Job quality and digitalisation

2024 – A new Working Paper, published by the European Trade Union Institute (ETUI), reports on a study into the impact of digitalisation on job quality.

The increasing use of digital technologies in European workplaces is undeniable, but its precise impact on the world of work remains to be determined. There is a growing consensus about digitalisation’s transformative effects on the structure of employment. Research points to changes in the task content of jobs and the automation of some forms of human labour, accompanied by the emergence of entirely new occupations and job segments (Frey and Osborne, 2013).

Research questions

But beyond the structural changes, what has been the impact on job quality and workers’ experiences at work? What are the differences in job quality between digitalised and non-digitalised work settings in otherwise similar types of jobs? This working paper aims to address such questions by providing empirical evidence to test some of the presumed effects of technology that have been put forward in the literature.


Theory and Methodology

The impact of digitalisation has been conceptualised on the basis of two theoretical approaches. One focuses on the impact of computerised systems and algorithmic management on working time, task allocation and work intensity; the other looks at digitalisation at work in terms of shifts in job demands and resources for workers.

The impact on job quality was measured based on the multidimensional European Job Quality Index. The analysis covered the 27 EU Member States and was based on data from the 2021 EWCTS.



The results provide empirical underpinning to the claims about digitalisation’s disruptive impact on existing time regimes at work. In particular, the analysis revealed that the effects of computerised systems on work include more unpredictable, hectic and intense work rhythms, as well as encroachment of paid work beyond its boundaries, longer working hours and a poorer work–life balance. All these effects were found for similar workers in similar jobs, one of the main differences being the extent of technology use and its influence in the work context. This is thus in line with the thesis that with digitalisation working time becomes more ‘atomised’ and ‘punctuated’, making it possible for employers to reduce paid work to a minimum and tightly link workloads to staffing levels. Workers fall in line and ensure reliability of labour supply by extending their availability, as postulated in Piasna (2023a).

Moreover, the analysis revealed a complex relationship between the penetration of computerised systems in the workplace and workers’ resources and bargaining power. For example, once compositional and individual differences between workers are taken into account, digitalisation is associated with greater income security (measured as predictability of earnings) and better career prospects, but at the same time with less job security. This is consistent with the dissolution Job quality and digitalisation WP 2024.01 33 of certain business models based on stable employment in favour of greater fragmentation, labour market mobility and precariousness (Rubery et al. 2016; Sundararajan 2016). However, the analysis presented in this paper shows that not only are these outcomes related to a structural transformation of labour markets, but that the technology-related difference is also observed for workers in otherwise very similar jobs.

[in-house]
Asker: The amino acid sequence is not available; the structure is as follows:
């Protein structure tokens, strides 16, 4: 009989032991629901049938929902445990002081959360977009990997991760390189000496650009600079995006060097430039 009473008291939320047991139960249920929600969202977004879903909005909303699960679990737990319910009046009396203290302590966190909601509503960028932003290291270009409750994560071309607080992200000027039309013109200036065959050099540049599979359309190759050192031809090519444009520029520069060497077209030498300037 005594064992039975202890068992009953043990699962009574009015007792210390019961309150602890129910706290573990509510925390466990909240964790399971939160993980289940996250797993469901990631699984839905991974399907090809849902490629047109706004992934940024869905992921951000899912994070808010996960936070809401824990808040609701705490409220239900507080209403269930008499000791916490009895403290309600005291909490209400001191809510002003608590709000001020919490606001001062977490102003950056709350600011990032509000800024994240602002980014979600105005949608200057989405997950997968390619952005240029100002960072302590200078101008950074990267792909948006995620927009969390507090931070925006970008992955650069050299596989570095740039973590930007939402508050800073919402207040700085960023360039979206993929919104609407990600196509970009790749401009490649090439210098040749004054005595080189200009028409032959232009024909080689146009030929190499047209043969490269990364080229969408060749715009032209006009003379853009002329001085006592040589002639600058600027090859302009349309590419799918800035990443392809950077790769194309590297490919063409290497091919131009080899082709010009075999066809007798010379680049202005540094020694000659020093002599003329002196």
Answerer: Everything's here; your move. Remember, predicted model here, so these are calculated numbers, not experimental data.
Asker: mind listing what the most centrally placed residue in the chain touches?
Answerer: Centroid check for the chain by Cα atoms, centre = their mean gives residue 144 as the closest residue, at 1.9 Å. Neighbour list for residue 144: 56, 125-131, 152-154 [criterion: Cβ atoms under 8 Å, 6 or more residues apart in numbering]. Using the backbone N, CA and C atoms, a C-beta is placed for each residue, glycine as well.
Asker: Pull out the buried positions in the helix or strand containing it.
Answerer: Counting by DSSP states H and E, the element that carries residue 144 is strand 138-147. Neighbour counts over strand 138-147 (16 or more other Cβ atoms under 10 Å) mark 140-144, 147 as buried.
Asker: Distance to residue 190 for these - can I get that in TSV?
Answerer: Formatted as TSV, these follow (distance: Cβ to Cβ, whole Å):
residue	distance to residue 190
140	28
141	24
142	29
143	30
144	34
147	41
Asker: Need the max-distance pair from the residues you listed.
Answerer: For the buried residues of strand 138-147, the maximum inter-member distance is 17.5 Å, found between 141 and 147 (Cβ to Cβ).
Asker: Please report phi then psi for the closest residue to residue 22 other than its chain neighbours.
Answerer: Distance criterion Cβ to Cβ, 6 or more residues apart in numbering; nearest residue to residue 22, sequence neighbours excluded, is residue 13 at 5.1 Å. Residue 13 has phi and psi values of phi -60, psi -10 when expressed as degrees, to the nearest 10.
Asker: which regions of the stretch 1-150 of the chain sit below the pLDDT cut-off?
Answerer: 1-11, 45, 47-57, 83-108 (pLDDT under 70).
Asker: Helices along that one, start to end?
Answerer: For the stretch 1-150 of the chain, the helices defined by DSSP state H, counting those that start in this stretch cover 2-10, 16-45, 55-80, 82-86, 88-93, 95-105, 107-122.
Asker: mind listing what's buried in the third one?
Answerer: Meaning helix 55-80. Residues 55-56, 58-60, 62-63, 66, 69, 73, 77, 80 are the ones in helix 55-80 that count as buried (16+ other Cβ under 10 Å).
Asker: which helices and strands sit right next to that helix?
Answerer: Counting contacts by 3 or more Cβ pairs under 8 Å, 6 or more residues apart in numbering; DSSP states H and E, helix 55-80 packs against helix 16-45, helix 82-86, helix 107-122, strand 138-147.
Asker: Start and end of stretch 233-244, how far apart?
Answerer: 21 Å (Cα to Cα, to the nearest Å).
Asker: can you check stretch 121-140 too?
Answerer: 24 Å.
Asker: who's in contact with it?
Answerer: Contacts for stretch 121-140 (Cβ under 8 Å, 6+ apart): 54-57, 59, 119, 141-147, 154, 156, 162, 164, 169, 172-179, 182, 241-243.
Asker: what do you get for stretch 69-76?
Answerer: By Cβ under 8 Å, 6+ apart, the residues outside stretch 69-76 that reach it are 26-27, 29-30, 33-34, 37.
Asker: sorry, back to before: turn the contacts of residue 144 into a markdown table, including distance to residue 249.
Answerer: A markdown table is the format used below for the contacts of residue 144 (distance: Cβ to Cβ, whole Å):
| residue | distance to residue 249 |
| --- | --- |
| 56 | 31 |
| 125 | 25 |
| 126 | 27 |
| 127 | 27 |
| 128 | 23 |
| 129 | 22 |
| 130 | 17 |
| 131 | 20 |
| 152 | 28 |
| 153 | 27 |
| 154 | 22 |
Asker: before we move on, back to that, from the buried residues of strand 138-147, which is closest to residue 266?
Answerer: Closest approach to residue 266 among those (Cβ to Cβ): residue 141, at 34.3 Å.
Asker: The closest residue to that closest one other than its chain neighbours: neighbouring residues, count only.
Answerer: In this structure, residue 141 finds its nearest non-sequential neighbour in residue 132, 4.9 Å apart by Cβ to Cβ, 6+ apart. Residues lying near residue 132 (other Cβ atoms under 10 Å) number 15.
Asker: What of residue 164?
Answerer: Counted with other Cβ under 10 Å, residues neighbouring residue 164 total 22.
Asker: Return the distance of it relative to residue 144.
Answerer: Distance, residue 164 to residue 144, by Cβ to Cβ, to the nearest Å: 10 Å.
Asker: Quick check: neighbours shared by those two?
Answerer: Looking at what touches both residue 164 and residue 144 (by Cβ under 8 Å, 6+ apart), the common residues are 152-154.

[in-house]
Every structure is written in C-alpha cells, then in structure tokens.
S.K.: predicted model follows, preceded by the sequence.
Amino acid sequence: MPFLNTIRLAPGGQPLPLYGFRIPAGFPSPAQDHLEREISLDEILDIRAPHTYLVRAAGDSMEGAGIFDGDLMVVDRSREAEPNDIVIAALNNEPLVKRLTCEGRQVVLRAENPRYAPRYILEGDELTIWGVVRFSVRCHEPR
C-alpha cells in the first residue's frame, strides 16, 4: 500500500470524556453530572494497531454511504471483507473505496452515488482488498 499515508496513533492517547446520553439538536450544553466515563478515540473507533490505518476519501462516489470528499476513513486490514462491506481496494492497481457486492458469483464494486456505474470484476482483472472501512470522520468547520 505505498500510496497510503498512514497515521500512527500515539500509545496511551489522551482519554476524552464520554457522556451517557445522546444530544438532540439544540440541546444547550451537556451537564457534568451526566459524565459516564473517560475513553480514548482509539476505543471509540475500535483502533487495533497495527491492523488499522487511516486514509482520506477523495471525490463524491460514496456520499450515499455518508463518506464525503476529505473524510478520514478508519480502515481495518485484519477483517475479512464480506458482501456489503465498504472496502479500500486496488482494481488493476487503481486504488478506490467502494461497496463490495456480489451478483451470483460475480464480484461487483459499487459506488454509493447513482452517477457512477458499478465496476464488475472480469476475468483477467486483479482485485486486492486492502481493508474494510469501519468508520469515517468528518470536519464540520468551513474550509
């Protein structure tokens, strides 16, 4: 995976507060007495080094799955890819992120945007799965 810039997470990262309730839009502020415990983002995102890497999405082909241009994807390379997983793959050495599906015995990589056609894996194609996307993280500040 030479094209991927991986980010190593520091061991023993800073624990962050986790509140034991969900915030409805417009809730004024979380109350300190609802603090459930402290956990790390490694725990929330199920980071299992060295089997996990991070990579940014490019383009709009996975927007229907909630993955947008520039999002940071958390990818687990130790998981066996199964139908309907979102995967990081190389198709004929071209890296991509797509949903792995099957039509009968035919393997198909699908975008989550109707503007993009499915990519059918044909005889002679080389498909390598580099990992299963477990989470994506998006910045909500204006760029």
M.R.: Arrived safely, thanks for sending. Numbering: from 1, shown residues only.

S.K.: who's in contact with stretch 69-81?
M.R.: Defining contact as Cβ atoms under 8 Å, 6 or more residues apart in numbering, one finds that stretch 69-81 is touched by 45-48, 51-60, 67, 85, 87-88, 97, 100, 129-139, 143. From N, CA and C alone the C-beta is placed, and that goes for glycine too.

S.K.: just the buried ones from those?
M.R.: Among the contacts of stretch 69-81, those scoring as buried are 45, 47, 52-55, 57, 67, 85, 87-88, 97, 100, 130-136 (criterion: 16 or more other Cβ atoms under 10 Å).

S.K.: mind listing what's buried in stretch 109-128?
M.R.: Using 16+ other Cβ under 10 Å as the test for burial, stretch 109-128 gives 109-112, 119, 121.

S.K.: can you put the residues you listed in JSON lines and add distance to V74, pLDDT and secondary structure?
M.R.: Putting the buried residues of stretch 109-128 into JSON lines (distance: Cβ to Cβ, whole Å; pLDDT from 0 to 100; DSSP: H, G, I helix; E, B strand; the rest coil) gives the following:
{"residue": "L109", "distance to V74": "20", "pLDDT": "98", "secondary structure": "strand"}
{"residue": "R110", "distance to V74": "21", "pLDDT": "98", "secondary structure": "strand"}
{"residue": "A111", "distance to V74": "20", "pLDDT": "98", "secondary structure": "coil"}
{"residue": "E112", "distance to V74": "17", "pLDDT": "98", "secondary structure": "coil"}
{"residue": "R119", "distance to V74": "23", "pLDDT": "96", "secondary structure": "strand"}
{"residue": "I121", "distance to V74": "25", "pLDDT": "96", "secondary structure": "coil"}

What is more, the results challenge the view that digitalisation generally leads to greater worker autonomy and show that any increase in worker discretion is the result of compositional factors rather than the direct impact of technology on their work. It is worrying that freelancers, considered to be a relatively vulnerable group, particularly exposed to working with new technologies, actually suffer autonomy losses as a consequence of digitalisation, as predicted by the platform-economy literature (De Stefano 2018; Piasna and Drahokoupil 2021).

Finally, the analysis sheds new light on the relationship between digitalisation and exposure to physical risk factors, as well as access to collective representation. While some traditional physical risks and demands are less common among workers who use computers at work, new risks specifically related to automation and prolonged use of personal computers are emerging in their place, raising the need for further scrutiny of these trends and appropriate regulatory responses. In contrast, a more optimistic picture emerges in terms of access to worker voice and representation, which increases as the intensity of computer influence on work increases. The direction of these relationships could not be determined using the available data, however. It remains to be seen, in other words, whether workplaces with more robust employee representation mechanisms are more likely to adopt new technologies, or whether access to new channels of communication in digitalised environments can foster a sense of shared identity and common interests among workers – as postulated by Vandaele and Piasna (2023) – and thus increase engagement and participation in formal channels of representation. Irrespective of the particular mechanisms in play, however, this shows that workers facing new challenges and risks associated with digitalisation may also have an opportunity to negotiate a more worker-centred path to digitalisation.



Piasna, Agnieszka: Job quality and digitalization. ETUI Working paper 2024.01.

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